Great cormorant pairs may return to the same nest site year after year if they were successful breeding at that site before. They nest in large colonies, often with other species, including cormorants, gulls, and kittiwakes. Colony sizes vary regionally and with subspecies, from a mean of 117 nests to over 9000. The timing of breeding also varies substantially throughout the range of great cormorants. Colonies in warmer areas breed earlier than those in colder areas. In the tropics they may breed year-round or breed in wet seasons. In North America, great cormorants arrive at breeding colonies in late February and early March and begin to form pairs. A single clutch is laid from late April to early July, although clutches laid after June are often abandoned. If a clutch is lost early in the year, parents will attempt to re-nest. Young are fledged and nesting colonies are deserted by the middle of August. Nests are either on the ground or in trees and are made of sticks and seaweed lined with grass and feathers. Females lay 1 to 7 (typically 3 to 5) chalky, bluish green eggs and begin to incubate them gradually. Eggs hatch 28 to 31 days after incubation begins. Young fledge at 45 to 55 days after hatching and leave the nest soon after that. They join communal roosting areas and are continued to be fed by parents for another 2 to 3 months after fledging. Young males and females typically begin to breed at 3 years old (range 2 to 4 years).

Breeding interval: Great cormorants breed once a year, generally laying a single clutch.

Breeding season: The timing of breeding varies regionally and with subspecies.

Range eggs per season: 1 to 7.

Average eggs per season: 3 to 5.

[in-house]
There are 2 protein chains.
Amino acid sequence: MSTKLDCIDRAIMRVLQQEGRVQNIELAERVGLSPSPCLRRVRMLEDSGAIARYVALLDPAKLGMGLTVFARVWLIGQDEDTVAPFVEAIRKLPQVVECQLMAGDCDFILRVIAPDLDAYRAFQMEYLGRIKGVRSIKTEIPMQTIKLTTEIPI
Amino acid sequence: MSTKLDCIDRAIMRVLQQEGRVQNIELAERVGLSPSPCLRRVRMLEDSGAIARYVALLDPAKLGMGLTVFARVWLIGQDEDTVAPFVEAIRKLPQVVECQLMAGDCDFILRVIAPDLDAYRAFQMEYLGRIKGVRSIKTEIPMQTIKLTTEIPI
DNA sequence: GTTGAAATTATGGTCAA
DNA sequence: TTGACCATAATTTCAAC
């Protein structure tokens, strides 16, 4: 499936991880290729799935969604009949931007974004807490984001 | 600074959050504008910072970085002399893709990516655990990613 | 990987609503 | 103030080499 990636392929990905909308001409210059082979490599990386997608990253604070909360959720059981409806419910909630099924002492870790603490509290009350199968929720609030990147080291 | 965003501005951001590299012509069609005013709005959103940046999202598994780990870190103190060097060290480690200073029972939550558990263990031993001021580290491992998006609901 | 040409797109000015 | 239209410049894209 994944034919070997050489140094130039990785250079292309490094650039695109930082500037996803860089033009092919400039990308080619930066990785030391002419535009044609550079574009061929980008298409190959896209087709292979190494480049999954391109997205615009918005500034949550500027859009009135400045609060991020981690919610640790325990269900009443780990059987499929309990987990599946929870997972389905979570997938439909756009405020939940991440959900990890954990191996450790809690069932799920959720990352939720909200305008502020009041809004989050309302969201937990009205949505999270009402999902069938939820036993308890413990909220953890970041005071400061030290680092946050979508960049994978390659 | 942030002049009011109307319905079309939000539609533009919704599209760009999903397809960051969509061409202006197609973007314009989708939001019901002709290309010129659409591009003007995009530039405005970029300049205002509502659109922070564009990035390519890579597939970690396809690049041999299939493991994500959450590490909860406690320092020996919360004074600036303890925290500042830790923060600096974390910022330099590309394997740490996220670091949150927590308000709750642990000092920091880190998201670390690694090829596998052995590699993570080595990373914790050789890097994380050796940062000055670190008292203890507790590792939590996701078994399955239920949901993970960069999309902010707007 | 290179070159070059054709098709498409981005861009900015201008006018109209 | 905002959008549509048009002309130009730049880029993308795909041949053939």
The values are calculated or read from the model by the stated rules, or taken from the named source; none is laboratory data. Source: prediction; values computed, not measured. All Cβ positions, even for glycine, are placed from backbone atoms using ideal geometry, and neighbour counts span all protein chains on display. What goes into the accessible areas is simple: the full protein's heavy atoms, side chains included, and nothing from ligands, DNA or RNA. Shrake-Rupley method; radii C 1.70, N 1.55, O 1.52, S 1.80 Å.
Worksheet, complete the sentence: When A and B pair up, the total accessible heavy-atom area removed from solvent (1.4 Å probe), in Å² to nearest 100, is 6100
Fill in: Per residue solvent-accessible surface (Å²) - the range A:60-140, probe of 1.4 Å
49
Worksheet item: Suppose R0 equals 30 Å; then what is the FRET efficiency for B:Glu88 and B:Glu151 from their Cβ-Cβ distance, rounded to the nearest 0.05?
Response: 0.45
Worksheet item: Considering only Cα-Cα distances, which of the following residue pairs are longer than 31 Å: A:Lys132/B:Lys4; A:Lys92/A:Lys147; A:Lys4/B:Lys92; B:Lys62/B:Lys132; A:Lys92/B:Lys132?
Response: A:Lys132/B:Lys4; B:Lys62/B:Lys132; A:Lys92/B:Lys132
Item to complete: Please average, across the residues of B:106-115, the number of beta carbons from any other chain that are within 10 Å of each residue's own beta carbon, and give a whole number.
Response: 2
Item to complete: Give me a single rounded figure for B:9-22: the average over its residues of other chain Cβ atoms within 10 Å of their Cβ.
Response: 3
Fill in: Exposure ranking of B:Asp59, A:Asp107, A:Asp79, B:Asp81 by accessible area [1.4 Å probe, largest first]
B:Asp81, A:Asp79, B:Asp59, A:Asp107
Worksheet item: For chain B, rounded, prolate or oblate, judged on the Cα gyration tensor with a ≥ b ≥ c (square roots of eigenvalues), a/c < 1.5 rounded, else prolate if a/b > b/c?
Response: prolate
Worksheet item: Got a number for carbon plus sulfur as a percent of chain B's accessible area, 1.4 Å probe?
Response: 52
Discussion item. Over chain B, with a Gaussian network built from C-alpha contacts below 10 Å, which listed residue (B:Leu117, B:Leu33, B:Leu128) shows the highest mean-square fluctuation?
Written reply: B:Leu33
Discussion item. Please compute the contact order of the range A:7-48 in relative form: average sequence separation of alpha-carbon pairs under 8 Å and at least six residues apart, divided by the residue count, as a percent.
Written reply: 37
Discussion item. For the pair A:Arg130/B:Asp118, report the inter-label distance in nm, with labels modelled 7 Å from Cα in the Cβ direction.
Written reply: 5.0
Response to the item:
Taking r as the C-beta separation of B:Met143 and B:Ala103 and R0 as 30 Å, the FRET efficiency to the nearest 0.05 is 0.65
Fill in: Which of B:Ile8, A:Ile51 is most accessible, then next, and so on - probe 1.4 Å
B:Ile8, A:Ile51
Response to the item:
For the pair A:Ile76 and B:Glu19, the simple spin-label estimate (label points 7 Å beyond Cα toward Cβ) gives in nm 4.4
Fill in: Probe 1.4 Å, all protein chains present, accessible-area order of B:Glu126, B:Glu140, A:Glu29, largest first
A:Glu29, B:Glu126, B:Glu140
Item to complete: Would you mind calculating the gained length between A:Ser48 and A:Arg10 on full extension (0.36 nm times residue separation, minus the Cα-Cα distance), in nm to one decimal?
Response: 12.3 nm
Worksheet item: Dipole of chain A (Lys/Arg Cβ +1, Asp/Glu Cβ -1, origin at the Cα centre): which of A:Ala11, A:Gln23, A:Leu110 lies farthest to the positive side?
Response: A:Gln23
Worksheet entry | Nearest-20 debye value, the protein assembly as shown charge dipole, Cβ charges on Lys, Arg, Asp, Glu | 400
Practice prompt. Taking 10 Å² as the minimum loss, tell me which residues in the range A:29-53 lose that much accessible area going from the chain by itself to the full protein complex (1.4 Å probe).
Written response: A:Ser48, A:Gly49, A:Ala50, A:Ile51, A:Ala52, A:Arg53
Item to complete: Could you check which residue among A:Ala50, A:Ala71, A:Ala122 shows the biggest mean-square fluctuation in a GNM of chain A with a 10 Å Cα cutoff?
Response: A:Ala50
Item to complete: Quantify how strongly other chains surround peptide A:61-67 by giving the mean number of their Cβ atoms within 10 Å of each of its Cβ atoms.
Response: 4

Range time to hatching: 28 to 31 days.

Range fledging age: 45 to 55 days.

Range time to independence: 105 to 145 days.

Range age at sexual or reproductive maturity (female): 2 to 4 years.

Range age at sexual or reproductive maturity (male): 2 to 4 years.

Key Reproductive Features: iteroparous ; seasonal breeding ; year-round breeding ; gonochoric/gonochoristic/dioecious (sexes separate); sexual ; oviparous

Both parents incubate and feed their young. Parents incubate the eggs between their feet and breasts, taking approximately equal incubation shifts. Great cormorant hatchlings are naked and blind at hatching, developing a coat of down by 6 days old. Both parents brood them for about 10 days and at least 1 parent is at the nest until the young are 2 weeks old. Parents then begin to visit the nest primarily for feeding. Parents also help to cool hatchlings by shading them or bringing water. Hatchlings are fed by both parents through regurgitation. As parents approach, the hatchlings beg vigorously and food is deposited in their mouths when they are small. As they develop, they begin to insert their heads into their parents mouth to gather regurgitate from the parent's pharyngeal pouch. Older hatchlings begin to compete in the nest and stronger hatchlings may be fed more. The smallest hatchling often dies within a few weeks, but survival of other young is generally high. After fledging, the young continue to be fed by their parents for 2 to 3 months. Nest colonies are generally abandoned by all birds by the time the young are 70 to 90 days old. Young gather in creches after they leave the nest and parents recognize their young in those aggregations.

Parental Investment: altricial ; pre-fertilization (Provisioning, Protecting: Female); pre-hatching/birth (Provisioning: Female, Protecting: Male, Female); pre-weaning/fledging (Provisioning: Male, Female, Protecting: Male, Female); pre-independence (Provisioning: Male, Female)

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Dewey, T. 2009. "Phalacrocorax carbo" (On-line), Animal Diversity Web. Accessed April 27, 2013 at http://animaldiversity.ummz.umich.edu/site/accounts/information/Phalacrocorax_carbo.html